A front-page New York Times story last week on the Dartmouth Atlas Project caused immediate controversy among many left-leaning blogs. Now, a few conservatives and libertarians have also weighed in on the debate.
John Goodman compares the debate to that over public education, and says:
I think the work of Elliott Fisher and Jonathan Skinner is very important. But behind the very public to and fro about their work is a very important policy issue that all sides allude to and none are confronting directly. To wit: Can we (meaning the government) use statistics on Medicare spending to force the health care system in general, and Medicare providers in particular, to deliver more efficient, higher-quality care?
The weight of the evidence I believe is fairly clear: No, we cannot. …
In general, a bureaucratic system is one in which normal market forces have been systematically suppressed. In such an environment, there tends to be a sea of (relative) mediocrity, sometimes punctuated by little islands of excellence. Further, the islands of excellence tend to be randomly distributed. They do not correlate with much of anything. This picture not only describes most public school systems around the world, it also describes most health care systems. (In fact, I can’t think of a single exception.)
The Apothecary and National Review Online posted a commentary by Avik Roy in which he suggests the debate “relates to one of the key justifications for Obamacare: that the rising cost of health insurance is largely due to the greed and incompetence of ordinary physicians, and that government alone can fix this problem. … It is about something more fundamental: Can government do a better job of managing medicine than doctors and hospitals can, or should the doctor-patient relationship remain sovereign? There is plenty of waste in medical care today, but the Dartmouth Atlas demonstrates that government is the problem, not the solution.” Roy gives a detailed rundown of flaws in the Dartmouth data.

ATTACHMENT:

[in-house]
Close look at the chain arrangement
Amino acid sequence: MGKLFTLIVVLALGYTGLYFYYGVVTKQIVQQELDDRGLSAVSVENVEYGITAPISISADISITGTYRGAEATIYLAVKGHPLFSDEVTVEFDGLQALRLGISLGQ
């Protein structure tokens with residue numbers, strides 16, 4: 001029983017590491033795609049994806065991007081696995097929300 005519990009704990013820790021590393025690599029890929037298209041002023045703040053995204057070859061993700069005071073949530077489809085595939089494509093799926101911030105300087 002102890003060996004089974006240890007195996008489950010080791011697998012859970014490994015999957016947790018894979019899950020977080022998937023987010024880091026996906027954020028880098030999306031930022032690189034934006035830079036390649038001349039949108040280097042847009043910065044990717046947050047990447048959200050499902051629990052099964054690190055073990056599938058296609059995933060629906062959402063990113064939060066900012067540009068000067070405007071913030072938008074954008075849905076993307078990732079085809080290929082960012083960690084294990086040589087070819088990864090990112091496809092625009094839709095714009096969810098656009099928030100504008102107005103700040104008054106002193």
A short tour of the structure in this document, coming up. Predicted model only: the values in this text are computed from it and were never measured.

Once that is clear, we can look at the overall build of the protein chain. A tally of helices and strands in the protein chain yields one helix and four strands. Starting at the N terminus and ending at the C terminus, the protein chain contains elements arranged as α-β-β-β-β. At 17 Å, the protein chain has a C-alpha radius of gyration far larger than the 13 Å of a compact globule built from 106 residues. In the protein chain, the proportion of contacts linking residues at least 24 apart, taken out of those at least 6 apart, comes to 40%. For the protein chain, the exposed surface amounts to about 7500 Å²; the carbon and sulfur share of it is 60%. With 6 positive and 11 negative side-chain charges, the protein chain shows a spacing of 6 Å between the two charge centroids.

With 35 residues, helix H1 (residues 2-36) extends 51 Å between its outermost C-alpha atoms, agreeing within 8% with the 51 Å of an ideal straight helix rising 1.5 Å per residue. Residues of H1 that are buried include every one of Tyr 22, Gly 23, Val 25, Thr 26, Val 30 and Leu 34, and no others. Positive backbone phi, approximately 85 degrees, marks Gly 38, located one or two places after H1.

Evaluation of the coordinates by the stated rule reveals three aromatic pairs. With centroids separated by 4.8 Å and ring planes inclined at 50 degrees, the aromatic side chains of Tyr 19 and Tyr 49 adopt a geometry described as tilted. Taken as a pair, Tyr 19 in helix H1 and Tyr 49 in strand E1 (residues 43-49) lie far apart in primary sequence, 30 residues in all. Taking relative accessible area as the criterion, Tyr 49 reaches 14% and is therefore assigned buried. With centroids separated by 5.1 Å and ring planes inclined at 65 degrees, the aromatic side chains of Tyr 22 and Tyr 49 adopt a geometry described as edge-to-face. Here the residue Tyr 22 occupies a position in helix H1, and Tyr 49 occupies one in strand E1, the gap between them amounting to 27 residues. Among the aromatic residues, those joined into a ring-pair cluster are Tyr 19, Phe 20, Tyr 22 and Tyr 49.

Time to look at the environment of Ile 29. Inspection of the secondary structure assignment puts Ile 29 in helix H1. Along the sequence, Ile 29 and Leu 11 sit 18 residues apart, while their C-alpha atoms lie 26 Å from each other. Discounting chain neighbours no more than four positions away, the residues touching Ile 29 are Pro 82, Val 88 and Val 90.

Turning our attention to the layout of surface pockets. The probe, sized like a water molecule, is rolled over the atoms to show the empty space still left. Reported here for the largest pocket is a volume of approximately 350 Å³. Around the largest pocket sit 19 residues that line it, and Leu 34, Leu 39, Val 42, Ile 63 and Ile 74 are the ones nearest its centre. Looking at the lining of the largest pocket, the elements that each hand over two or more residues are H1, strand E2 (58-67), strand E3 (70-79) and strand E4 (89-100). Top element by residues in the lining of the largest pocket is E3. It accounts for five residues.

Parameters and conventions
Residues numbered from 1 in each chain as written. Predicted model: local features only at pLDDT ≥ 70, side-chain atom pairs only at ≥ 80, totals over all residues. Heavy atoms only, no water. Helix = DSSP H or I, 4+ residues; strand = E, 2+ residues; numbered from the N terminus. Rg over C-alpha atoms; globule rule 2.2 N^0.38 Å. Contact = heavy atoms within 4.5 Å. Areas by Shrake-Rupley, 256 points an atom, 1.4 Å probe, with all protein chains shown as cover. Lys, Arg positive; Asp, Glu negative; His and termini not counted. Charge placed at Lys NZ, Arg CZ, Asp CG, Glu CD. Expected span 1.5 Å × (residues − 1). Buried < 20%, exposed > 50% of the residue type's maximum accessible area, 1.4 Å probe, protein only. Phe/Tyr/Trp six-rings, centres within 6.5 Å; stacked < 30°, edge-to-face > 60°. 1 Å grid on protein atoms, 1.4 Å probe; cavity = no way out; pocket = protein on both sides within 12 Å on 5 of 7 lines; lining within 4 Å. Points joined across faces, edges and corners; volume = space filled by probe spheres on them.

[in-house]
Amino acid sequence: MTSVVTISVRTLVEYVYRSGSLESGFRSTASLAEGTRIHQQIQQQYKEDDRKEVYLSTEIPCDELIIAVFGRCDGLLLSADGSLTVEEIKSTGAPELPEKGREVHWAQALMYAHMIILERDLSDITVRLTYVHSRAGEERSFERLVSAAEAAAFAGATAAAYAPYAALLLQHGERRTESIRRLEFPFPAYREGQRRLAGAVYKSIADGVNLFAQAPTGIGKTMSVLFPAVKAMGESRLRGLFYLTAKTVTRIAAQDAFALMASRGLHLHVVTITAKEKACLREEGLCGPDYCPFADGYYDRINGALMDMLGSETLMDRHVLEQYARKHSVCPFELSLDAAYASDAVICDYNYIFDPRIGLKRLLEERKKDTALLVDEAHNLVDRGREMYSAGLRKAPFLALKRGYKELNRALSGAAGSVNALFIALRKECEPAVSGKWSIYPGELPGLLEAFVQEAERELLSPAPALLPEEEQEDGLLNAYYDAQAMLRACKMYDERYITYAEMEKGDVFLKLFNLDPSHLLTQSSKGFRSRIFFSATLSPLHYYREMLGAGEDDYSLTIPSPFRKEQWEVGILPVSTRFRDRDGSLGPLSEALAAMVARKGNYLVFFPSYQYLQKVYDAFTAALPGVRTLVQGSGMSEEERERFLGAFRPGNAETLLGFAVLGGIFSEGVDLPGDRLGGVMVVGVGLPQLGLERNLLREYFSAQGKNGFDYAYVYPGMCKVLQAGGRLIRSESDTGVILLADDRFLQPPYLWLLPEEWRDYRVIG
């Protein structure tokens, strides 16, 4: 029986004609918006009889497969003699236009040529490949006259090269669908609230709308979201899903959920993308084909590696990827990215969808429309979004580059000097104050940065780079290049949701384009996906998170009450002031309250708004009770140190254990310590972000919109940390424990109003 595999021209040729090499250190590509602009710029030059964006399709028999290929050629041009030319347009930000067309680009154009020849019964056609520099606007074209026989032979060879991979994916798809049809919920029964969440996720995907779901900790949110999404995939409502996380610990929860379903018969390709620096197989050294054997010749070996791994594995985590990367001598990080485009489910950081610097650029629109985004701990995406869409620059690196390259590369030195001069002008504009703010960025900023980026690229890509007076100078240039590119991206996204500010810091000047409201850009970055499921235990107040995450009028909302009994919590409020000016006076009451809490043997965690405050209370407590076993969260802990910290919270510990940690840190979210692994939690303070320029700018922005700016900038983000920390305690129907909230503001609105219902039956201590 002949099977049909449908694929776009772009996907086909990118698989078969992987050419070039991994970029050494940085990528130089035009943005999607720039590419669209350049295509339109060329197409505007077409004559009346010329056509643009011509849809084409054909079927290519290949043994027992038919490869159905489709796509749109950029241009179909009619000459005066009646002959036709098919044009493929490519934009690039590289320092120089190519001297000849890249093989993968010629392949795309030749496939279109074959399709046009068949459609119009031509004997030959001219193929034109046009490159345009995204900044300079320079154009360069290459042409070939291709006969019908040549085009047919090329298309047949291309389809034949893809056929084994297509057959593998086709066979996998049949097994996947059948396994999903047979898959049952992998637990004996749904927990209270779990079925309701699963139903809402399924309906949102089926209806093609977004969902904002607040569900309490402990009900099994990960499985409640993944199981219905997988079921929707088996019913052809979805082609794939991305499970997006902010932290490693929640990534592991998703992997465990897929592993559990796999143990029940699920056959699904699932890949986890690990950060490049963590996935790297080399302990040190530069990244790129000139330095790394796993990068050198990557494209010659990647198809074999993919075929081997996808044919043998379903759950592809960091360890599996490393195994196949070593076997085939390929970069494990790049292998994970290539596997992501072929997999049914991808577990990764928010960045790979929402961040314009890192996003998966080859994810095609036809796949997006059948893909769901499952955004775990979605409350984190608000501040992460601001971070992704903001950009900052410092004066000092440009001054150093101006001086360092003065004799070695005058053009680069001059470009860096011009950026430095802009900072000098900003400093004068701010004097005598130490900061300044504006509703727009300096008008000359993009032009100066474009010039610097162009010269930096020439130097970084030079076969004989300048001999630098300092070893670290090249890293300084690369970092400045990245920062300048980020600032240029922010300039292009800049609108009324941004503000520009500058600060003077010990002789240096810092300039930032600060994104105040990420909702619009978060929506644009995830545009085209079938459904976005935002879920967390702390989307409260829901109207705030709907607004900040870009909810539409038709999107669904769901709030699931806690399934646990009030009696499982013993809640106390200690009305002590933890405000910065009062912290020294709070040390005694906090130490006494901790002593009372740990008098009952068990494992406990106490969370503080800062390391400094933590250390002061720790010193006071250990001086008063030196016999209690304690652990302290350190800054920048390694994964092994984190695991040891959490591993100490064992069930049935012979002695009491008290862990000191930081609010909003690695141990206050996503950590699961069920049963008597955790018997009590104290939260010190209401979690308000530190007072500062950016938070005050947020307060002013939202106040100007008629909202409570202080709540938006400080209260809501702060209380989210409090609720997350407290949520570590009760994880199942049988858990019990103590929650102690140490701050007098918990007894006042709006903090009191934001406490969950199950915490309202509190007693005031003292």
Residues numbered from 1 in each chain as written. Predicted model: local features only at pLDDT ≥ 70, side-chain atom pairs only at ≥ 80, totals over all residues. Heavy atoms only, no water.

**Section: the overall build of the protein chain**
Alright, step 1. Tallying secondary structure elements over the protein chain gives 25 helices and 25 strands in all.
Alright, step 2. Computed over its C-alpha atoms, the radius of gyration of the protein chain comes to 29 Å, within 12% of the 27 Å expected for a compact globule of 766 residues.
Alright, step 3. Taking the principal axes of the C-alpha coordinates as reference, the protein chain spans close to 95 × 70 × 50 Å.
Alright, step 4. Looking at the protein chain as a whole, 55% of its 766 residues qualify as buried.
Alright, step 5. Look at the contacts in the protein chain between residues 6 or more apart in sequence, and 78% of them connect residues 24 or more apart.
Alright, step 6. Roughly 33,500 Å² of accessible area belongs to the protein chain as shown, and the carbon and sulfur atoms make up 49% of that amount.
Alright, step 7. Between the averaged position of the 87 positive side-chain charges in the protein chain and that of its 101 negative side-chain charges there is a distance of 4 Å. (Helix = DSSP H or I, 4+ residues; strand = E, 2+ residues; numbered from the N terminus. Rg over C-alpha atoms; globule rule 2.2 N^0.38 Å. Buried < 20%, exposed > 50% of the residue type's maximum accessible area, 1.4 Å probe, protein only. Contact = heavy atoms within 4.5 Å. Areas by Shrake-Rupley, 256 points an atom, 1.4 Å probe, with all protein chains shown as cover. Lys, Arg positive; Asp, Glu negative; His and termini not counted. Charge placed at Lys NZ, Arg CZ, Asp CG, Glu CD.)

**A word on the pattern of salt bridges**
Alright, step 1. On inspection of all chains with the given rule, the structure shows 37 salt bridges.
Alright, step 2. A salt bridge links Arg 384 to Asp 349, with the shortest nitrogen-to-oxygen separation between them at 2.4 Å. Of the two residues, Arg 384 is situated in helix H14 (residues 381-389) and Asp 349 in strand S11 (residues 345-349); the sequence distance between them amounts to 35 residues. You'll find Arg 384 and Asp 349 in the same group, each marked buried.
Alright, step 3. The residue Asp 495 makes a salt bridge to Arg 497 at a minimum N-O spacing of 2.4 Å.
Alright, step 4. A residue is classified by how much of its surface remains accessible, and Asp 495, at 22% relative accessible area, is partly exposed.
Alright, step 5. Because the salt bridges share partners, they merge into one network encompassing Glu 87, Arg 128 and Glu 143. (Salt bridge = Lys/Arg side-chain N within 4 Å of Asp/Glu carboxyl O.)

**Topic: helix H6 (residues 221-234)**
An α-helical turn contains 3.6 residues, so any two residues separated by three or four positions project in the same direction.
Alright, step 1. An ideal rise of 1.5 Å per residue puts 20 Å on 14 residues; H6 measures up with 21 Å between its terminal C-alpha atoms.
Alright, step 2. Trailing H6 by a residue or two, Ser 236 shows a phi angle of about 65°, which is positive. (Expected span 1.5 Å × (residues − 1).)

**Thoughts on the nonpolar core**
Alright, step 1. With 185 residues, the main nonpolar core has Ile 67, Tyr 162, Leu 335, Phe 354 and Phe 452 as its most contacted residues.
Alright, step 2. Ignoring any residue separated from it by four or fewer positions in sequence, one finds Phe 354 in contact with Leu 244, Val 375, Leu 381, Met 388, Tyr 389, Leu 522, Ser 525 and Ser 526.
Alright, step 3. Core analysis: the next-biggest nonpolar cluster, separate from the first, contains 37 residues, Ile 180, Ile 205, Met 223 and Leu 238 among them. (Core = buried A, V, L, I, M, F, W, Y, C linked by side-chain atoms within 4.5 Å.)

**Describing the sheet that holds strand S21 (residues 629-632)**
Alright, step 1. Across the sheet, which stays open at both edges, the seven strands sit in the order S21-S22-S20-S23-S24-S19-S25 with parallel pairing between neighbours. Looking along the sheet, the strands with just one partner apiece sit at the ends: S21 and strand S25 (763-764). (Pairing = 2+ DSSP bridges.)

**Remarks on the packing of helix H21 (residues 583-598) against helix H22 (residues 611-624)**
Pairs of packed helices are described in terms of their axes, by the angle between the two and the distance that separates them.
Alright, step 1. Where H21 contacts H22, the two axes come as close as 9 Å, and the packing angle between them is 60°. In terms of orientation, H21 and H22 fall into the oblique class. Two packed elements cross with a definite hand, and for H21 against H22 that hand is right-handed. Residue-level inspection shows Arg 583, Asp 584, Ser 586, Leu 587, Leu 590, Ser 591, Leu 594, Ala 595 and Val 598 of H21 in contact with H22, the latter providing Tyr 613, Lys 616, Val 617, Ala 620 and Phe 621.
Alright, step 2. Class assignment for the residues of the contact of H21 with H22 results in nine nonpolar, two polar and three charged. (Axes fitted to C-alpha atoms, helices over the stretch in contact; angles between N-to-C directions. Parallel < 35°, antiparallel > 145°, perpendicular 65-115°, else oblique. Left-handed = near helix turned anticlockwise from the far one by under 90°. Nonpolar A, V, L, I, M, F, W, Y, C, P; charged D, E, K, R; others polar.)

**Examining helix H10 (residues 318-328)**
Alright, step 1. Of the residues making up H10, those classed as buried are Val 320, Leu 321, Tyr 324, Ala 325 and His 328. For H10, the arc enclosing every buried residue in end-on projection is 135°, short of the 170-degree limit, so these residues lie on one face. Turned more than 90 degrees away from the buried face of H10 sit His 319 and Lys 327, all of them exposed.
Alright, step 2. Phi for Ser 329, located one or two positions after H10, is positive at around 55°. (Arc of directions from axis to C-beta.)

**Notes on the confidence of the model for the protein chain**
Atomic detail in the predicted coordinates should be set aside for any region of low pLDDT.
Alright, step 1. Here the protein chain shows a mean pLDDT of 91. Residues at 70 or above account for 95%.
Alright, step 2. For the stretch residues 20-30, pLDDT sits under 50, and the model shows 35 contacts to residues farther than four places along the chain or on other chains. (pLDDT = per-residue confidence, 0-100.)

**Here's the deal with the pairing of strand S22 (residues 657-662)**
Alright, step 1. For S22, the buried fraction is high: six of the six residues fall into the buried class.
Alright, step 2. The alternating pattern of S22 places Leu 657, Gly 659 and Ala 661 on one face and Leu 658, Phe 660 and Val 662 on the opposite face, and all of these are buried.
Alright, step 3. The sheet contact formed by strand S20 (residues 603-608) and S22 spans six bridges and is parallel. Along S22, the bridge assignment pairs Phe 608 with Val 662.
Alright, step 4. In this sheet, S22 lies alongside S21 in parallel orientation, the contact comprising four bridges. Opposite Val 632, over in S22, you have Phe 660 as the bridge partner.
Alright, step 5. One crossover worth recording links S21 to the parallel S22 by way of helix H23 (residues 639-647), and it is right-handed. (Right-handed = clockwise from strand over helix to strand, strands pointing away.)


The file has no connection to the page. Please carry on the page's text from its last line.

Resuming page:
Cato’s Michael Cannon says he “agree[s] with my left-leaning friends. This was shoddy journalism.” Cannon goes on to note that free-market advocates shouldn’t run from the Dartmouth data because “[s]o long as the Dartmouth research holds up to scrutiny, advocates of free-market health care reform should embrace it, for two reasons. First, embracing reality is generally a good idea. Second, the Dartmouth research makes the case for free-market reforms, and against the Obama-Orszag agenda. The Dartmouth Atlas focuses almost exclusively on the Medicare program, where economists of all stripes acknowledge that government-imposed price and exchange controls, coupled with a lack of patient cost-consciousness, are the driving forces behind persistent excessive spending and a lack of focus on value. ”
Elsewhere, Boston Health News hosts a new “killer edition” of Health Wonk Review.
And a new nonprofit, nonpartisan organization focusing on free enterprise and led in part by James Capretta, a former official in the Office of Management and Budget, has launched a site called ObamaCare Watch.